ACEs are adverse childhood experiences that harm children’s developing brains so profoundly that the effects show up decades later; they lead to chronic disease, mental illness, and often are the root of drug use, alcohol abuse, and violence. ACEs are considered the most powerful determinant of the public’s health. In 2014, United Way of Central Washington volunteers began studying ACEs as a critical issue in our communities – and as a big opportunity to help children and youth succeed in school, graduate on time, and be ready for college and career.
According to ACE Interface, LLC, a company that provides ACE education and support for organizations, “The ACE Study provides a discovery – a common framework and language – that we can use to profoundly improve the health and well-being of our society now and for future generations to come.”
In October, United Way and Yakima Valley Community College hosted a free training on “Building Your Toolkit to Overcome ACEs.” Presenters Mary-Virginia Maxwell, LMHC and Ann Riley shared their expert knowledge of ACEs, offering both a Classroom Track and a Community Track. The 200 attendees were guided through topics ranging from the effects of trauma on the development of the brain to building core protective systems in the classroom, home and community.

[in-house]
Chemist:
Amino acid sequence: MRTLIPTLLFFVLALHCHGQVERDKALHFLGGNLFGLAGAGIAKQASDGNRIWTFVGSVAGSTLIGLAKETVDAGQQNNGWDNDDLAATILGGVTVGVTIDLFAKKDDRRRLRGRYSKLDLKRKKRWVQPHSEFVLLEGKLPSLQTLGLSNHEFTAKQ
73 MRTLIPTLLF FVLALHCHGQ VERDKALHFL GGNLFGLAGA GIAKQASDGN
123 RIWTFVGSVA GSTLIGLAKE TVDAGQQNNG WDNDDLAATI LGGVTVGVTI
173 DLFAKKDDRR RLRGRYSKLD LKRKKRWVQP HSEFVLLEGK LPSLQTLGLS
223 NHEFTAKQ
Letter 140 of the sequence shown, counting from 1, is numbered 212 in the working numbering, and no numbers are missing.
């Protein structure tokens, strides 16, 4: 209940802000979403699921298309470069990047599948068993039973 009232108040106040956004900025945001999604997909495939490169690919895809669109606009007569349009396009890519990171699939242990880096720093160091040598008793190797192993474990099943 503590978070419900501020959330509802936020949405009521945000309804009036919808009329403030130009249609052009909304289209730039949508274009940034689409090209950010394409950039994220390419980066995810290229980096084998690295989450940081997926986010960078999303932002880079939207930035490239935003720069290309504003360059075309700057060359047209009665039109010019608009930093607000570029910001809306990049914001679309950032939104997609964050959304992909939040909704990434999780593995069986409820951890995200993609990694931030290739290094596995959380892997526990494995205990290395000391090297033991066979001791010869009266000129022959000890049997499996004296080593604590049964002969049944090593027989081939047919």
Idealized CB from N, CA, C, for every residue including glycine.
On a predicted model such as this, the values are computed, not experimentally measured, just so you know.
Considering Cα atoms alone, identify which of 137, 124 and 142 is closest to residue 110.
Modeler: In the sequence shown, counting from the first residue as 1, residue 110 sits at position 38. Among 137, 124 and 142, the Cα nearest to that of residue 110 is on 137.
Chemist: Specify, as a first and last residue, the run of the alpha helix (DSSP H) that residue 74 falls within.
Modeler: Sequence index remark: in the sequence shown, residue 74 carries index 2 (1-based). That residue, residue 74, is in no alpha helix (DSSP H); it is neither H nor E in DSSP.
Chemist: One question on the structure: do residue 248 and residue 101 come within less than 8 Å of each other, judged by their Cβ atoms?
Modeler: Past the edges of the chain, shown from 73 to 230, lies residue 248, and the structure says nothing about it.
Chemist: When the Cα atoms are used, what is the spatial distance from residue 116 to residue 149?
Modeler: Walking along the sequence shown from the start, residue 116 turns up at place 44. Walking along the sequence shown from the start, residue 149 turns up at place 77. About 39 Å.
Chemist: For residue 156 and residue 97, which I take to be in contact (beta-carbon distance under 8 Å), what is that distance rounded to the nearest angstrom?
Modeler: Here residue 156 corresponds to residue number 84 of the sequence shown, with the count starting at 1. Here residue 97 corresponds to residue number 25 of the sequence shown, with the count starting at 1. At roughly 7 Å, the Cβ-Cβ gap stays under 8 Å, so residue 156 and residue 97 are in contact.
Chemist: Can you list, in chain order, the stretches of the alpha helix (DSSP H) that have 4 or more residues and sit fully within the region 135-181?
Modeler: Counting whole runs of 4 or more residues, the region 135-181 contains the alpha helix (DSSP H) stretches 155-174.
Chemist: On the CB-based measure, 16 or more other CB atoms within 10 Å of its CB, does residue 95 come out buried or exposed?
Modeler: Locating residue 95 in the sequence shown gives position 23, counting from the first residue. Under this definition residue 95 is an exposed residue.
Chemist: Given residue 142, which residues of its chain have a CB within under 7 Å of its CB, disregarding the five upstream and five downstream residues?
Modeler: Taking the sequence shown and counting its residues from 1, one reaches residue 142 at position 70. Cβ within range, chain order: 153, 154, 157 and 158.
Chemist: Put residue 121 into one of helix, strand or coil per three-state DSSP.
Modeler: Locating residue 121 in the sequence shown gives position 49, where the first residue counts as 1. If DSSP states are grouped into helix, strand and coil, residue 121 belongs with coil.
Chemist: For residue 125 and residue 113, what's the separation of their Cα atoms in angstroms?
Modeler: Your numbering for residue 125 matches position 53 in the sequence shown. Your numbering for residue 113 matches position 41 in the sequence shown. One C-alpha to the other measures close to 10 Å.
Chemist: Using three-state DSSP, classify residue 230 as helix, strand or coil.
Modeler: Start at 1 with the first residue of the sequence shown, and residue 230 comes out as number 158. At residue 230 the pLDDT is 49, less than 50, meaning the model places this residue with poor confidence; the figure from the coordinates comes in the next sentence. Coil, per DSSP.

There is a wealth of new information and science related to the effects of childhood trauma, and the ways that parents, schools and communities can work to prevent trauma and build resilience as the key to helping kids succeed. In spite of years of work, there remains far too little awareness of ACEs, especially in our schools.
For more information on how ACEs impacts our community and what you can do to help, contact Tysa Kihn at email@example.com or 509.248.1557.